International Journal of Environmental Research and Public Health

Journal Information
ISSN / EISSN : 16617827 / 16604601
Current Publisher: MDPI (10.3390)
Total articles ≅ 14,852
Google Scholar h5-index: 68
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Ahsan Nawaz, Xing Su, Qaiser Din, Muhammad Khalid, Muhammad Bilal, Syyed Shah
International Journal of Environmental Research and Public Health, Volume 17; doi:10.3390/ijerph17020635

Abstract:Urbanization is playing a key role in big cities of developing countries, which, in effect, is increasing the population. This study takes care of the mega infrastructure project (Orange Line Metro Train (OLMT)) to explore and identify the H&S (Health and Safety) factors that affect the local residents and the main key stakeholders working on the project. A Sequential Mixed-Method approach of the OLMT-project includes qualitative and quantitative methods were adopted. The data have been collected from the targeted population working on the OLMT-project through a questionnaire. The main key finding of the study indicates that poor planning and a lack of communication between the public and government led to frustration. The most significant factors that identified in the study were unsafe to work practice, project scope constraints, lack in technical and material support, unsafe/bad condition, health/environment degradation, declination and loss of resources and time, no proper emergency system, and negligence in adopting safety rules and laws. The study also revealed that the consensus should also be noticed between the key stakeholders (e.g., contractors, clients, safety officials, academia) in the second round of the Delphi survey of the project. The study findings will help the key stakeholders to prioritize their energies towards attaining zero levels of inadequate health and safety practices in infrastructure projects. The study outcomes can also be generalized for the other developing countries having a similar work scenario.
Mayte Serrat, Juan Sanabria-Mazo, Elna García-Troiteiro, Anna Fontcuberta, Corel Mateo-Canedo, Míriam Almirall, Albert Feliu-Soler, Jorge Méndez-Ulrich, Antoni Sanz, Juan Luciano
International Journal of Environmental Research and Public Health, Volume 17; doi:10.3390/ijerph17020634

Abstract:The study protocol of a prospective and randomized controlled trial for the assessment of the efficacy of nature activity therapy for people with Fibromyalgia (NAT-FM) is described. The primary outcome is the mean change from baseline in the Revised Fibromyalgia Impact Questionnaire (FIQR) score at post-treatment (12 weeks) and at 9 months of follow-up, and secondary outcomes are changes in the positive affect, negative affect, pain, fatigue, self-efficacy, catastrophising, and emotional regulation. A total of 160 patients with fibromyalgia will be divided into two arms: treatment-as-usual (TAU) and NAT-FM+TAU. Pre, during, post, +6, and +9 months assessments will be carried out, as well as an ecological momentary assessment (EMA) of intrasession and intersessions. Results will be subjected to a mixed group (NAT-FM+TAU vs. TAU) × phase (pre, post, +6 months, +9 months) general linear model. EMA intrasession measurements will be subjected to a 2 (pre vs. post) × 5 (type of activity) mixed-effects ANOVA. EMA between-session measurements obtained from both arms of the study will be analysed on both a time-domain and frequency-domain basis. Effect sizes and number needed to treat (NNT) will be computed. A mediation/moderation analysis will be conducted.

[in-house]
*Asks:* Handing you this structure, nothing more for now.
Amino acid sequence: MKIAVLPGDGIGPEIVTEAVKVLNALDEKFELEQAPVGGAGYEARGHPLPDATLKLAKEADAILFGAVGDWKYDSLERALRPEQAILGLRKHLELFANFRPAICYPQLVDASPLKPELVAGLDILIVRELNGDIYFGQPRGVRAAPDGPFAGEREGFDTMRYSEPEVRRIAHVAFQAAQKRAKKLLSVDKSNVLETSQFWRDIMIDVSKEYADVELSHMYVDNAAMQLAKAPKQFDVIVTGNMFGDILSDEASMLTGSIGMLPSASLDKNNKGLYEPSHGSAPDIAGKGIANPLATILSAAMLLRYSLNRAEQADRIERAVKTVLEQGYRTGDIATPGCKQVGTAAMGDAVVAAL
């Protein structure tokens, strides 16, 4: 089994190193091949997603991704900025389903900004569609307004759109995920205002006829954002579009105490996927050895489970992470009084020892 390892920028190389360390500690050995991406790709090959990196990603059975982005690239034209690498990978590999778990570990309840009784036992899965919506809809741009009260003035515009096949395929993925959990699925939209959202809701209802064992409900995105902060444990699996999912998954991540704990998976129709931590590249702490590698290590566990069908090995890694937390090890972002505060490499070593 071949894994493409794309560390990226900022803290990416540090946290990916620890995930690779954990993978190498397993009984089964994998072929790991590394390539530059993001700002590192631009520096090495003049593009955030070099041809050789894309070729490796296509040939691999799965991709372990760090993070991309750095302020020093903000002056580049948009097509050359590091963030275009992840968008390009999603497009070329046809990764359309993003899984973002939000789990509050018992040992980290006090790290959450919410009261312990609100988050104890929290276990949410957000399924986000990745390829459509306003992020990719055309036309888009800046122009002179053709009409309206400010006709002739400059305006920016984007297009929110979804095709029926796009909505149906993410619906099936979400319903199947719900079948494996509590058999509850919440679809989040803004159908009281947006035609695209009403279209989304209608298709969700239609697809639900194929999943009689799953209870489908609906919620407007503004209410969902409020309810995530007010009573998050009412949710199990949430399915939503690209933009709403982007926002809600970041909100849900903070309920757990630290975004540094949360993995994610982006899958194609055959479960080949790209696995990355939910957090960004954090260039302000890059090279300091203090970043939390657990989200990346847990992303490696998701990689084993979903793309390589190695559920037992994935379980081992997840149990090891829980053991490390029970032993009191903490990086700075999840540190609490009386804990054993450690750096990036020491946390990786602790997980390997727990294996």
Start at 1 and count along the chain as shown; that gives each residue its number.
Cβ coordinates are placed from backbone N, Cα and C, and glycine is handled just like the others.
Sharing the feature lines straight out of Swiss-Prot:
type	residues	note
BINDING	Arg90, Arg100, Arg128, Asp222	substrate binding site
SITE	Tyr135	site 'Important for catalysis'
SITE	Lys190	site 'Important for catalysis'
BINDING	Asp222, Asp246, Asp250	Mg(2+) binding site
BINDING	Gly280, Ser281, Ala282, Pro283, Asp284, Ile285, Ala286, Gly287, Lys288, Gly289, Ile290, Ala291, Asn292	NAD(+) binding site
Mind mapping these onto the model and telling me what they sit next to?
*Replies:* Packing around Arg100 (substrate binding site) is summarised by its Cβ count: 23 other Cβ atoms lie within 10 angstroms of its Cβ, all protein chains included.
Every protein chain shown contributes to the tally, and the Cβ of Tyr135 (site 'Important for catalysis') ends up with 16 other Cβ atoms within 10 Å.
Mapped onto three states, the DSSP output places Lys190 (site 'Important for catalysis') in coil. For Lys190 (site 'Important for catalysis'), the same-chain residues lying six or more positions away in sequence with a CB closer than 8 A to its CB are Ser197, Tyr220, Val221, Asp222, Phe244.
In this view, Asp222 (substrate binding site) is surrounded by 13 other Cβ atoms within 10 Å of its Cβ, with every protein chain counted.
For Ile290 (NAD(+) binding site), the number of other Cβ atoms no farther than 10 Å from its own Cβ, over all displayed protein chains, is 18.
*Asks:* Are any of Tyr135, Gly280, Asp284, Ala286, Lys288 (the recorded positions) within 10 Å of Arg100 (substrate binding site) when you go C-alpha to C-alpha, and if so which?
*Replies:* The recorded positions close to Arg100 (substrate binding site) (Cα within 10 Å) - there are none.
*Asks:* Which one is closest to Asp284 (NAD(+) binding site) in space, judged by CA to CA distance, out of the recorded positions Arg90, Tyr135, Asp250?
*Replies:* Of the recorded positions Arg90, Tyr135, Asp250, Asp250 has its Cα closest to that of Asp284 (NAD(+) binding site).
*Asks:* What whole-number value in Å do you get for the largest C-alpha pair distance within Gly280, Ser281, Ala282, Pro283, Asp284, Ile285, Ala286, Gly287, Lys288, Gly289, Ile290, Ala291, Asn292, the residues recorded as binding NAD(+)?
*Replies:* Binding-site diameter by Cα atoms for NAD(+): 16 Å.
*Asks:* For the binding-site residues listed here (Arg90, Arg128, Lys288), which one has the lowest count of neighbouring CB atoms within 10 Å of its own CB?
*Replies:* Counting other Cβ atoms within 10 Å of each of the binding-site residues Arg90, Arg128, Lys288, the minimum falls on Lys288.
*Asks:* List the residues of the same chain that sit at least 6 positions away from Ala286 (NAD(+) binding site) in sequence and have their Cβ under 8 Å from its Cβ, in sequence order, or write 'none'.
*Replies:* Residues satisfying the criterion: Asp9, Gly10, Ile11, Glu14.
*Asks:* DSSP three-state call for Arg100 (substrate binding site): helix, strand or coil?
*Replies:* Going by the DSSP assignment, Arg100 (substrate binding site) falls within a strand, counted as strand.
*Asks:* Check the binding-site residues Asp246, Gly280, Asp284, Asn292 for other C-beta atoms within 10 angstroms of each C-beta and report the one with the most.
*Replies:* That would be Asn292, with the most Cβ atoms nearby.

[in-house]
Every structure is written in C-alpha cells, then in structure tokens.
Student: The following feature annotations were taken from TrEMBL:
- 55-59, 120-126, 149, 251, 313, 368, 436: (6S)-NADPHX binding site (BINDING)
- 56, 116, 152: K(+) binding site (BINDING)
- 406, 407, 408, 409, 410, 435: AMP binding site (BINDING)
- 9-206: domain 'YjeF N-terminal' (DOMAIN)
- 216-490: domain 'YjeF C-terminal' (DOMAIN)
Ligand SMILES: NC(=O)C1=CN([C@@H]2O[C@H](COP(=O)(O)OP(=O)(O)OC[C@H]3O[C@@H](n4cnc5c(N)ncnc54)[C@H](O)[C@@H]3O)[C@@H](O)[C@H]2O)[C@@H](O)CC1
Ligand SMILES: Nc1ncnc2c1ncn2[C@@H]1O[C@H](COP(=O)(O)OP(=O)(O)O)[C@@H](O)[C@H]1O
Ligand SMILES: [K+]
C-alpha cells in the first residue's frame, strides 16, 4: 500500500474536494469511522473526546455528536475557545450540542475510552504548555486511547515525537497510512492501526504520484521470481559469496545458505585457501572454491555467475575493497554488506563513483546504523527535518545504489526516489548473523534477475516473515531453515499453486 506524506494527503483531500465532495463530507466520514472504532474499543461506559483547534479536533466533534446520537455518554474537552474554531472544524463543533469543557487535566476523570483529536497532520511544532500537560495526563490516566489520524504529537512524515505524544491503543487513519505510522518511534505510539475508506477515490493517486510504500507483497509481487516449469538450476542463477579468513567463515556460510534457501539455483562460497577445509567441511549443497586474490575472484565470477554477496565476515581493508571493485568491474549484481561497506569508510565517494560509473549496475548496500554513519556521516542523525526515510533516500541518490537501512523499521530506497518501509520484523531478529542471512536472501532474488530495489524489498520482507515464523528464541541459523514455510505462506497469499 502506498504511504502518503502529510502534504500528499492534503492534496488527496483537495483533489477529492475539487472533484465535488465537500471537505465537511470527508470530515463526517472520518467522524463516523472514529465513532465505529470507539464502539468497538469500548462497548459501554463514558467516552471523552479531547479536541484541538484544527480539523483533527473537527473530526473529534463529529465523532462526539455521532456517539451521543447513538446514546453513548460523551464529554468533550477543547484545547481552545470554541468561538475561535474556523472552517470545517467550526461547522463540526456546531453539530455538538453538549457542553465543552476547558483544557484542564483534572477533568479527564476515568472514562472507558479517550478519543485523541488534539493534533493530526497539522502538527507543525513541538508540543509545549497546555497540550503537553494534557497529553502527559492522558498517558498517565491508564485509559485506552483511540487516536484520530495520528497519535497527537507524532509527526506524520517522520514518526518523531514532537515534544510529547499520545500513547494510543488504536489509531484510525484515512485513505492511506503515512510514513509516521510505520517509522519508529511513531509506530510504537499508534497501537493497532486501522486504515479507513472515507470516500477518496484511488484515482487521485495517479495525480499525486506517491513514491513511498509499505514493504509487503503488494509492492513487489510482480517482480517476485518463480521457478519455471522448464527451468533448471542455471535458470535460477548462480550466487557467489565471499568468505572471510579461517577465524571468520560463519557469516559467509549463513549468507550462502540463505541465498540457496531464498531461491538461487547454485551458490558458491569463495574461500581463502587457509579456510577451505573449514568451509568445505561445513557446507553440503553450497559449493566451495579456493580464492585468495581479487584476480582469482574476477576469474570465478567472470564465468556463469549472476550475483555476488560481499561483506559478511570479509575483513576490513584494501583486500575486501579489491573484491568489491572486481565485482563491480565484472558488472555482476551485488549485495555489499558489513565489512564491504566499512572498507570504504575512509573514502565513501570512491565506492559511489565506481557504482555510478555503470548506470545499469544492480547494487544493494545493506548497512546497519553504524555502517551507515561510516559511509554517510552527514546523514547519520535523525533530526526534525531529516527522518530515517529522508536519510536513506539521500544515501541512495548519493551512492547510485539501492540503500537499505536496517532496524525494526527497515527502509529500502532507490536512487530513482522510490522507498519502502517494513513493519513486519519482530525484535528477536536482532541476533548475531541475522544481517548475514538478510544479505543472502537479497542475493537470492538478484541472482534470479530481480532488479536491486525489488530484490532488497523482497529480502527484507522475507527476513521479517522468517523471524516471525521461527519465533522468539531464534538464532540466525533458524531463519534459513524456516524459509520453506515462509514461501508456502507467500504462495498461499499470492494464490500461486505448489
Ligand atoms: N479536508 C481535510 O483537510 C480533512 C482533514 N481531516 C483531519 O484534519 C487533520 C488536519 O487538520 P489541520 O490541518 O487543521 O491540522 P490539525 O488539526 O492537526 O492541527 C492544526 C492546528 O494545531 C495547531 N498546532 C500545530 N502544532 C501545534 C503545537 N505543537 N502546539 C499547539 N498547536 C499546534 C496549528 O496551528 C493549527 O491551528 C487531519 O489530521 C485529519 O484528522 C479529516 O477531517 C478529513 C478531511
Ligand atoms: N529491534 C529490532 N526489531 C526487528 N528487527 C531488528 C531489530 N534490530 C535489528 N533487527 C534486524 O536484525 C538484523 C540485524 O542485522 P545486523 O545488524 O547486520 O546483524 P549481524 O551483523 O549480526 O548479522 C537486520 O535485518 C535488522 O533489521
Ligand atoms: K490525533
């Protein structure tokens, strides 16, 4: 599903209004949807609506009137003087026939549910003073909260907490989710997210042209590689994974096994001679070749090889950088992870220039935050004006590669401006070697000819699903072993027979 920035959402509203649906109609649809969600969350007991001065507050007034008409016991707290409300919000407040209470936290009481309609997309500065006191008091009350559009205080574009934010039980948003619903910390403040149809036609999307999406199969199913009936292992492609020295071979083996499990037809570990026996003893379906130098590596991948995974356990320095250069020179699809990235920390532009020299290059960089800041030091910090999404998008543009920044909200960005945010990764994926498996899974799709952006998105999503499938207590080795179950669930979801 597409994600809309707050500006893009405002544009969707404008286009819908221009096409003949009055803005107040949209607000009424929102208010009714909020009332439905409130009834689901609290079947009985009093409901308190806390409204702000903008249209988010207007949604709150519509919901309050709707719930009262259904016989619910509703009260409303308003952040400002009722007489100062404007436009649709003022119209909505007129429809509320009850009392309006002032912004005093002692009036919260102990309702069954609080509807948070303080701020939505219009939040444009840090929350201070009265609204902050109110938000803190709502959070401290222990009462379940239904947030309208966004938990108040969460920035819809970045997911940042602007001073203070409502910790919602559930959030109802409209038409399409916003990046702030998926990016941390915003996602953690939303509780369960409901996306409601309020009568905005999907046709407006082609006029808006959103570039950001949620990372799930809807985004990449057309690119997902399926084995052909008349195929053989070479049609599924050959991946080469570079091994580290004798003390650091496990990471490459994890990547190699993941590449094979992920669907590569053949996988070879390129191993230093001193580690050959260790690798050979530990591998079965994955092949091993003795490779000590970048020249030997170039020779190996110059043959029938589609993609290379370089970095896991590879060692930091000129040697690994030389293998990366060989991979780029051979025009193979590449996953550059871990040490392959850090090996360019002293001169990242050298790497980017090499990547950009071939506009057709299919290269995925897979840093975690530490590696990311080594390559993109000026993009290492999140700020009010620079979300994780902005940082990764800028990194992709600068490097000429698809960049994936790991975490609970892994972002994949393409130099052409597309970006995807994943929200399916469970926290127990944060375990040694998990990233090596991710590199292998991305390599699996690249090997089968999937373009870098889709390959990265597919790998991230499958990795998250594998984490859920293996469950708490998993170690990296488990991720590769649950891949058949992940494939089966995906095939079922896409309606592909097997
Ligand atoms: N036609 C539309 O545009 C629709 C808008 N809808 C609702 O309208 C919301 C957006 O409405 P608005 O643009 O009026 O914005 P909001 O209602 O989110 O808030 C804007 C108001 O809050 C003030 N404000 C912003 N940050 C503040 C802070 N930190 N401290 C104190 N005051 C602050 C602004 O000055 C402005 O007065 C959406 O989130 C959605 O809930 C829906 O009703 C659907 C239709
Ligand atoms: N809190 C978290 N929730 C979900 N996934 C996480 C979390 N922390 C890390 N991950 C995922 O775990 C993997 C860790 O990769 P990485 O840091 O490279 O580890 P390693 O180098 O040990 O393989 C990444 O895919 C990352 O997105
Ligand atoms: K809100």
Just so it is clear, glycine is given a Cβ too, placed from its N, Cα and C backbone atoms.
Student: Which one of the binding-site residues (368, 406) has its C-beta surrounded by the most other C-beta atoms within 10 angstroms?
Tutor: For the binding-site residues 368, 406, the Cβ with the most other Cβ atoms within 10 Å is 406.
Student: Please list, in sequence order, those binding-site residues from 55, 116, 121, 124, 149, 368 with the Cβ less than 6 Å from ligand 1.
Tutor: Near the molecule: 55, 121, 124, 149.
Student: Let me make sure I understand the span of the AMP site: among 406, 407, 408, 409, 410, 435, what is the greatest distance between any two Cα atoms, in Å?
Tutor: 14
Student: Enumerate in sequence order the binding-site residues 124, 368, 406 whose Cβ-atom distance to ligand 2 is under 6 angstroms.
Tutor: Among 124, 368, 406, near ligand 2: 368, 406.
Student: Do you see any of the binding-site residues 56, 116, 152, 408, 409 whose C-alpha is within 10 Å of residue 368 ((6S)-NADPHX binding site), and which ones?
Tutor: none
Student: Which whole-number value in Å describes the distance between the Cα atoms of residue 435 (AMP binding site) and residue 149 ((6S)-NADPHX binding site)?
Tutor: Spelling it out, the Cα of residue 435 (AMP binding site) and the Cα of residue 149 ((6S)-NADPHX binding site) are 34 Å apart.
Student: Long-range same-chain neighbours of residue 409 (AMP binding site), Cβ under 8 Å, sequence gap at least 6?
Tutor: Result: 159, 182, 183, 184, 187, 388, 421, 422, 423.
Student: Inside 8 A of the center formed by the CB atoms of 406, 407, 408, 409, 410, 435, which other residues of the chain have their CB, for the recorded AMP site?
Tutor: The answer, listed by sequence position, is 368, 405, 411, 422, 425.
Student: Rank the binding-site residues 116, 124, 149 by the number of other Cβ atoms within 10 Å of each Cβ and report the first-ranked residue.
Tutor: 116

Dionius Mahamboro, Nelsensius Fauk, Paul Ward, Maria Merry, Theodorus Siri, Lillian Mwanri
International Journal of Environmental Research and Public Health, Volume 17; doi:10.3390/ijerph17020636

Abstract:It is well acknowledged that human immunodeficiency virus stigma (HIV stigma) challenges people living with HIV globally. There is a scarcity of information about determinants of HIV stigma and discrimination among married men in the Indonesian context. This study aimed to explore factors that contribute to stigma and discrimination against HIV-positive men married to women in Yogyakarta, Indonesia. Face-to-face in-depth interviews were conducted to collect data from participants using a snowball sampling technique. A framework analysis was used to guide the analysis of the data. HIV stigma framework was also applied in the conceptualisation and the discussion of the findings. The findings indicate that participants experienced external stigma within healthcare facilities, communities and families. This external stigma was expressed in various discriminatory attitudes and behaviours by healthcare professionals and community and family members. Similarly, participants experienced anticipated stigma as a result of HIV stigma and discrimination experienced by other people living with HIV. Individual moral judgement associating HIV status with amoral behaviours and participants’ negative self-judgement were determinants of perceived stigma. The current findings indicate the need for training programs about HIV stigma issues for healthcare professionals. There is also a need to disseminate HIV information and to improve HIV stigma knowledge among families and communities.
Néboa Zozaya, Laura Vallejo
International Journal of Environmental Research and Public Health, Volume 17; doi:10.3390/ijerph17020643